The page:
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    When a Veteran starts considering whether or not to file a VA Disability Claim, there are a lot of questions that he or she tends to ask. Over the last 10 years, the following are the 14 most common basic questions I am asked about ...
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  • Can a 100 percent Disabled Veteran Work and Earn an Income?

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    You’ve just been rated 100% disabled by the Veterans Affairs. After the excitement of finally having the rating you deserve wears off, you start asking questions. One of the first questions that you might ask is this: It’s a legitimate question – rare is the Veteran that finds themselves sitting on the couch eating bon-bons … Continue reading

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Would I qualify for SMC-S / housebound?


After my heart attack in early April I have brain fog and am trying to determine if I qualify for SMC-S or housebound. I'm 100% P&T for 10+ years and filed a claim for heart attack at the beginning of May. I am not medically cleared to return to work yet.

Bilateral ratings
20%, 20%, 10%, 10% = 48%

Single ratings
40%, 30%, 30%, 30%, 20%, 10%,  10%,  10%,  10%

Factoring in the bilateral and singles, I calculate 96%

I also have a separate single rating of 60%

I looked up SMC-S laws and found:


38 U.S. Code § 1114. Rates of wartime disability compensation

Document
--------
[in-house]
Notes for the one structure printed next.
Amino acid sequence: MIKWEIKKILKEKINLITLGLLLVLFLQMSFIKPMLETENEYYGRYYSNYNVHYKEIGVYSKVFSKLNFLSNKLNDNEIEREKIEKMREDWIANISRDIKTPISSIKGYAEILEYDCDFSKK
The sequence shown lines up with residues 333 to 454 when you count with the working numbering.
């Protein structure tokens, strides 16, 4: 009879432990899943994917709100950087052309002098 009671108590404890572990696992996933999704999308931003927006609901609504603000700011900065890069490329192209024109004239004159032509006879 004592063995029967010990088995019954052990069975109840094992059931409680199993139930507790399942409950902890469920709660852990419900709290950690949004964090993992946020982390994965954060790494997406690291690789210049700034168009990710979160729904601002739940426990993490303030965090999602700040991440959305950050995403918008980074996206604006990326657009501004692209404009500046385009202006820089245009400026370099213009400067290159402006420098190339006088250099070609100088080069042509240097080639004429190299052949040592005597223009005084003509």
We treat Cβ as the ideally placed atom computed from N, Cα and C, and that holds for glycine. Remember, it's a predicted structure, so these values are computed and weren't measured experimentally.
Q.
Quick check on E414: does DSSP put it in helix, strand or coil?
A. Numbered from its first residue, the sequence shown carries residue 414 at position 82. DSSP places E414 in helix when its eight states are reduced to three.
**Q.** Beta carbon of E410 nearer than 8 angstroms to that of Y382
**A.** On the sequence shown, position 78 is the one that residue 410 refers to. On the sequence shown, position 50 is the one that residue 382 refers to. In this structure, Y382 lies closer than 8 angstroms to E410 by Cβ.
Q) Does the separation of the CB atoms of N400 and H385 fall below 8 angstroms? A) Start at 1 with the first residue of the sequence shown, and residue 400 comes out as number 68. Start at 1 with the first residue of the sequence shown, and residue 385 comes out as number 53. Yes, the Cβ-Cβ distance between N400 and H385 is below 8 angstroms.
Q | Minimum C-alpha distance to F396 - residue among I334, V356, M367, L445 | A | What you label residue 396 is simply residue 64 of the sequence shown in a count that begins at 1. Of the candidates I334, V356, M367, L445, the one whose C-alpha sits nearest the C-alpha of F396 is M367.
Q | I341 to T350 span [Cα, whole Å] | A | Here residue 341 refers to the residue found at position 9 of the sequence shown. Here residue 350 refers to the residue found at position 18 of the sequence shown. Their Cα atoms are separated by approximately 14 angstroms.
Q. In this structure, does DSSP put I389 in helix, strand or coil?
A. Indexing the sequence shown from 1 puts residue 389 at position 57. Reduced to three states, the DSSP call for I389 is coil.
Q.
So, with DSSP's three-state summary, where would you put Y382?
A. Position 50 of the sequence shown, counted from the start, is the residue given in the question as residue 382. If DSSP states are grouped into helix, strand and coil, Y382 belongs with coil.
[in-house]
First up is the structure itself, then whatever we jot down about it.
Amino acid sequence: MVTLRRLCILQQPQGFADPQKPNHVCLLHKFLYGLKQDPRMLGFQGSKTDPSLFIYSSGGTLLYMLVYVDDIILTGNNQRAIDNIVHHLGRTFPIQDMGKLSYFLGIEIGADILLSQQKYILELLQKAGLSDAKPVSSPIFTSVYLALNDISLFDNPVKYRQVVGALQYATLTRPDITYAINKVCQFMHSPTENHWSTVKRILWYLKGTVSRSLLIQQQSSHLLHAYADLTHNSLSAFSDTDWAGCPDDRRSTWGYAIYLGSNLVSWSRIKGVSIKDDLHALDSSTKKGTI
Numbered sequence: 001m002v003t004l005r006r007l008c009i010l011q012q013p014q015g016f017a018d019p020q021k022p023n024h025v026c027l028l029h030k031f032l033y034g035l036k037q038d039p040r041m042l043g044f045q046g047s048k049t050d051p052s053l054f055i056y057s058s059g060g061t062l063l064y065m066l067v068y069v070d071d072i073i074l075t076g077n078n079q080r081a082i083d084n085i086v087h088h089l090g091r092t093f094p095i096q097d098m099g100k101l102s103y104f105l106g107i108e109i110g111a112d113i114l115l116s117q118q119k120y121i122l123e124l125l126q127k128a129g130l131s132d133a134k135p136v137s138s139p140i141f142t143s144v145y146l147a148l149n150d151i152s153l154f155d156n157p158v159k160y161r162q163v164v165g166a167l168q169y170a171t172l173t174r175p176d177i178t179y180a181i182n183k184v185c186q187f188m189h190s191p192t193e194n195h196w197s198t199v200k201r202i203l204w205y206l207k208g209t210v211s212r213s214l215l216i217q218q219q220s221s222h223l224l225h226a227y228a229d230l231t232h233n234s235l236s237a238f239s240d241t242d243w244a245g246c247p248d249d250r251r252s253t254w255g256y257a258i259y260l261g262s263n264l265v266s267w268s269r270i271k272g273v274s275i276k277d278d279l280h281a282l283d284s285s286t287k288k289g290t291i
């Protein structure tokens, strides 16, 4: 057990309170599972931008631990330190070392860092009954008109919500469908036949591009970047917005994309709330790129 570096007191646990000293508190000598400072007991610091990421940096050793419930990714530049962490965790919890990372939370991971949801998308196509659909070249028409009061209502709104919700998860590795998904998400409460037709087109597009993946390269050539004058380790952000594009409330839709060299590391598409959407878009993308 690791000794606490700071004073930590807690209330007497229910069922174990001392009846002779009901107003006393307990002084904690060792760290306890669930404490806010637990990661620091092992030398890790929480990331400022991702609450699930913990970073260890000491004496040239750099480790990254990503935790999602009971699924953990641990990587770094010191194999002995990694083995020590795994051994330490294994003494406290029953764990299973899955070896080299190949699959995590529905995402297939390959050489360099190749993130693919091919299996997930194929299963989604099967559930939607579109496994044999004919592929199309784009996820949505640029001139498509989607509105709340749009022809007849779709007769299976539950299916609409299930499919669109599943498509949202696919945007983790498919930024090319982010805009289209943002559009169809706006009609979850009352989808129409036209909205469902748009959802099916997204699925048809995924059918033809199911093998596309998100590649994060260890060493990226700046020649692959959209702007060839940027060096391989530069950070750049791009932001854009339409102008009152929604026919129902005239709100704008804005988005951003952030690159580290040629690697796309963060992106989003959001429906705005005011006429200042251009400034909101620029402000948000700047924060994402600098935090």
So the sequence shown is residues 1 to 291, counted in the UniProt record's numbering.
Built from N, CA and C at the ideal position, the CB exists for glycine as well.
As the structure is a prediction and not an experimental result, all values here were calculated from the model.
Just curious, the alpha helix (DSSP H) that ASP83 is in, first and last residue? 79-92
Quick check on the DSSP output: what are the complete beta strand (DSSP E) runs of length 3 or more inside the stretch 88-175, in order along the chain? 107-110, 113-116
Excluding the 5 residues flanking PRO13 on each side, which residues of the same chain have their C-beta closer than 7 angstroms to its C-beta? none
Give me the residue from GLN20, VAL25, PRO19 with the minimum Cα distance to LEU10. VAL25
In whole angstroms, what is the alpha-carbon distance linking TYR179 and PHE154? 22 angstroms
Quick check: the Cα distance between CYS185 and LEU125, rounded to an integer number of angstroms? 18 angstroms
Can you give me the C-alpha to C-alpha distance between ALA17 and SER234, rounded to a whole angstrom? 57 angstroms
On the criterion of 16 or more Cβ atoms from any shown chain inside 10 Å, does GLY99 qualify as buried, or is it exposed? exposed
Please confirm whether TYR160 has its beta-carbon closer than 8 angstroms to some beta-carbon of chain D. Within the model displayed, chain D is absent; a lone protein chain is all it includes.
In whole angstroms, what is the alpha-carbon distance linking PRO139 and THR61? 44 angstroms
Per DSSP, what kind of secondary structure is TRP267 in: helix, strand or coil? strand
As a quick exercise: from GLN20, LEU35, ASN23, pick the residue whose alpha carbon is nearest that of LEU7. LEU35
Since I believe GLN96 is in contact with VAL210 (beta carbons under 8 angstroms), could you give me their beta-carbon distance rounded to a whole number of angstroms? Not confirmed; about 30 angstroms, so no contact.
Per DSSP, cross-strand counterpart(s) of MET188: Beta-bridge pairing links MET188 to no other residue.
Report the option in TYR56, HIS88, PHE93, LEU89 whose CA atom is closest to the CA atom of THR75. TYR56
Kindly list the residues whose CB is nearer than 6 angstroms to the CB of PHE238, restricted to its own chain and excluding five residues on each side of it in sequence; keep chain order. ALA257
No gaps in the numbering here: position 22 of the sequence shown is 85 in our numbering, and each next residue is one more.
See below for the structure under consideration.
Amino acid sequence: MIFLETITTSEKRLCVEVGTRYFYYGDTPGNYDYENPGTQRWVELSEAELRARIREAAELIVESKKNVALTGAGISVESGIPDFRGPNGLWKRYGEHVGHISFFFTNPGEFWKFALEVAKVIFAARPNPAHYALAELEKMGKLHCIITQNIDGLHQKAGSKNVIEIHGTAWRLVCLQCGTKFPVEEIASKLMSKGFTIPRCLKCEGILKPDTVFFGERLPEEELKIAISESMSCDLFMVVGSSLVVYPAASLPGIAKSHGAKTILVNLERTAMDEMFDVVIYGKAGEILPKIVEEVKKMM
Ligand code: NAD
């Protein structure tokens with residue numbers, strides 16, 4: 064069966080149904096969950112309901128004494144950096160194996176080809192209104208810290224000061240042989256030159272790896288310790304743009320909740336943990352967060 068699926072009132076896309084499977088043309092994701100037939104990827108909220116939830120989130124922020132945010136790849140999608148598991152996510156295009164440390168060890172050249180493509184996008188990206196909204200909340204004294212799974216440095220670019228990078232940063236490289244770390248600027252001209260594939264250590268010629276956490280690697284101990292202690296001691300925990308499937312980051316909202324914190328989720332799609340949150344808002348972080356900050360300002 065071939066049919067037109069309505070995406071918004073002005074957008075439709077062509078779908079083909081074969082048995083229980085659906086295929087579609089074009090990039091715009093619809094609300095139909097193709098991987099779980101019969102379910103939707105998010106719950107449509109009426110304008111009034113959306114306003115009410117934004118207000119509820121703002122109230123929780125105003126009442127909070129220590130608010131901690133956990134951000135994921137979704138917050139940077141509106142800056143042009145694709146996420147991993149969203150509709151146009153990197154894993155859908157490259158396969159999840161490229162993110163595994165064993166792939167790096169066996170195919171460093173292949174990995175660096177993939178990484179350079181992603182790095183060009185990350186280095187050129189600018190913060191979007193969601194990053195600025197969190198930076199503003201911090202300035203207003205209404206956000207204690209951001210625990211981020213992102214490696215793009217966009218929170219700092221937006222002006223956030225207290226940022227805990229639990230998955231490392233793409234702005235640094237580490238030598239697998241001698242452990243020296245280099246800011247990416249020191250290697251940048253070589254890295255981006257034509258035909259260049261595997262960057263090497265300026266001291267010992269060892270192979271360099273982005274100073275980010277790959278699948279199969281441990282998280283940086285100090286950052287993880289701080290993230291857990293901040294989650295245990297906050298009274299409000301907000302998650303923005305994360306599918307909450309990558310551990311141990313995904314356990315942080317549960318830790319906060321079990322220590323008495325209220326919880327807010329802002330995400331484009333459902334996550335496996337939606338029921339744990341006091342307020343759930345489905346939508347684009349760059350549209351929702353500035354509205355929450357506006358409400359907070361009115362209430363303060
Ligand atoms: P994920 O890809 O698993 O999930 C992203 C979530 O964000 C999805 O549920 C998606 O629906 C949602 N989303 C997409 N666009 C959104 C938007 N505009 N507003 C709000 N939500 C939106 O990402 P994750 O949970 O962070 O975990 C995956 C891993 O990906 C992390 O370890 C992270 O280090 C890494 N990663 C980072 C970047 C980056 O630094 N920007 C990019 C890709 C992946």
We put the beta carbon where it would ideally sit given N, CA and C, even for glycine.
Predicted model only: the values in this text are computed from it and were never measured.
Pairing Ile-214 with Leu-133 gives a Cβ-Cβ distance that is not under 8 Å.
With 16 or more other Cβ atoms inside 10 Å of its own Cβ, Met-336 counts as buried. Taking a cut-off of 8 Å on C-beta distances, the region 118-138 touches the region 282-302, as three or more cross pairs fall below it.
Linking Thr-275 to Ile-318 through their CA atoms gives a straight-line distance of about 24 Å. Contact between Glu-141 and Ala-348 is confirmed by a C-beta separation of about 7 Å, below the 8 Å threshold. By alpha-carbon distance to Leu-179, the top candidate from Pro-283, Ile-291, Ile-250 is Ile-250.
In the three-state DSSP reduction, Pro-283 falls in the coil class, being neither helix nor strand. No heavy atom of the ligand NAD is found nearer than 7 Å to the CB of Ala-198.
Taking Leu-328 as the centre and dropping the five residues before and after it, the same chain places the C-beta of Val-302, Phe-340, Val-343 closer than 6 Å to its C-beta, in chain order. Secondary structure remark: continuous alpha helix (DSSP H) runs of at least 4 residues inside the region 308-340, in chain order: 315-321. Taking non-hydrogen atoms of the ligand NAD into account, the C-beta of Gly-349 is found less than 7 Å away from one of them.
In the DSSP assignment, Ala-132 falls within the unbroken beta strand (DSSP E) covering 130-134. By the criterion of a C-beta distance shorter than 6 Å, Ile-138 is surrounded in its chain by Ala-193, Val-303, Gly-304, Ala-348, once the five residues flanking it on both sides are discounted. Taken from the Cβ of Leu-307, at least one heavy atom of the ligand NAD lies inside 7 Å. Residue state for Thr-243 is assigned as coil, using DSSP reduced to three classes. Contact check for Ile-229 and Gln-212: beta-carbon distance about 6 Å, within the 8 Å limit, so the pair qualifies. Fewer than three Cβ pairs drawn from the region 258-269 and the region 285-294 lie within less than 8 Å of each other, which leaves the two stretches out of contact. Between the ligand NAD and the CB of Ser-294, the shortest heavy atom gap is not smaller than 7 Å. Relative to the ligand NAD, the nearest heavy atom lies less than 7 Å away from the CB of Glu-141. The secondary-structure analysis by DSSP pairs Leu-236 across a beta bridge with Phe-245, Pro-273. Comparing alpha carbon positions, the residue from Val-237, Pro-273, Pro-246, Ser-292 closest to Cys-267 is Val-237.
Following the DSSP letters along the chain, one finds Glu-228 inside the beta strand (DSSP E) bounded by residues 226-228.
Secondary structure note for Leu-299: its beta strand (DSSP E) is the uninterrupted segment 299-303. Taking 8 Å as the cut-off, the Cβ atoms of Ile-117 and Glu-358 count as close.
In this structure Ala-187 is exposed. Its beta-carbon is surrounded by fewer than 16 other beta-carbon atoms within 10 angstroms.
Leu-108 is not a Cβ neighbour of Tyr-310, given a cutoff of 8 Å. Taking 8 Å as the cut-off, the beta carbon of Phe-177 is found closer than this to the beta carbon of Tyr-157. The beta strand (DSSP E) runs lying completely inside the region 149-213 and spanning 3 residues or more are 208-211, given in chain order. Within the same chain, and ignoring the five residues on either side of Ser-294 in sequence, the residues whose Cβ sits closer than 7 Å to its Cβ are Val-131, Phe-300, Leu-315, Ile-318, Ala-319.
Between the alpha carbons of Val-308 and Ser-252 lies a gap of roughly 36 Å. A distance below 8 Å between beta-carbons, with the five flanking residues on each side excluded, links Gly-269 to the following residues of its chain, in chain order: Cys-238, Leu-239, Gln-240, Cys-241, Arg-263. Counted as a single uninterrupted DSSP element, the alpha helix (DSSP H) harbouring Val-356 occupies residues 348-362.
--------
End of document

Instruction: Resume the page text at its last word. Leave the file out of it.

(s) If the veteran has a service-connected disability rated as total, and
(1) has additional service-connected disability or disabilities independently ratable at 60 percent or more, or,
(2) by reason of such veteran’s service-connected disability or disabilities, is permanently housebound, then the monthly compensation shall be $2,993.

For the purpose of this subsection, the requirement of “permanently housebound” will be considered to have been met when the veteran is substantially confined to such veteran’s house (ward or clinical areas, if institutionalized) or immediate premises due to a service-connected disability or disabilities which it is reasonably certain will remain throughout such veteran’s lifetime.


Would I qualify?

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Short answer:  We dont know.

There are 2 ways to qualify for SMC S.  You probably dont qualify for statuatory SMC S, UNLESS you have a "single" 100 percent disability.  You can check with the M21 on that, but that is the way I read it.  A combined 100 percent does not qualify.  

However, you may qualify for "housebound in fact" if one or more of your doctors opines you either have agarophobia (fear of leaving your home) OR you are "substantially confined" to your home to SC condition(s).  


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On 6/5/2019 at 5:11 PM, Vync said:

I am not medically cleared to return to work yet.

Do you work from home? If not I would think you would not qualify for SMCs for housebound. JMO

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On 6/5/2019 at 2:11 PM, Vync said:

I'm 100% P&T

What is this rating for and is the other 60% rating a secondary to this rating?

I take it you are not TDIU.

Broncovet is right, there has to be one distinct rating for 100% P&T AND a separate 60% rating that is not secondary to the 100% rating. Say you have a 100% PTSD rating AND a secondary of Sleep Apnea at 100%. You would not be statutory SMC(s).

But if the SA was from a different nexus you would be statutory SMC (s).

if your 60% (or more) rating is a combined rating, none of the parts can be secondary to the 100% rating.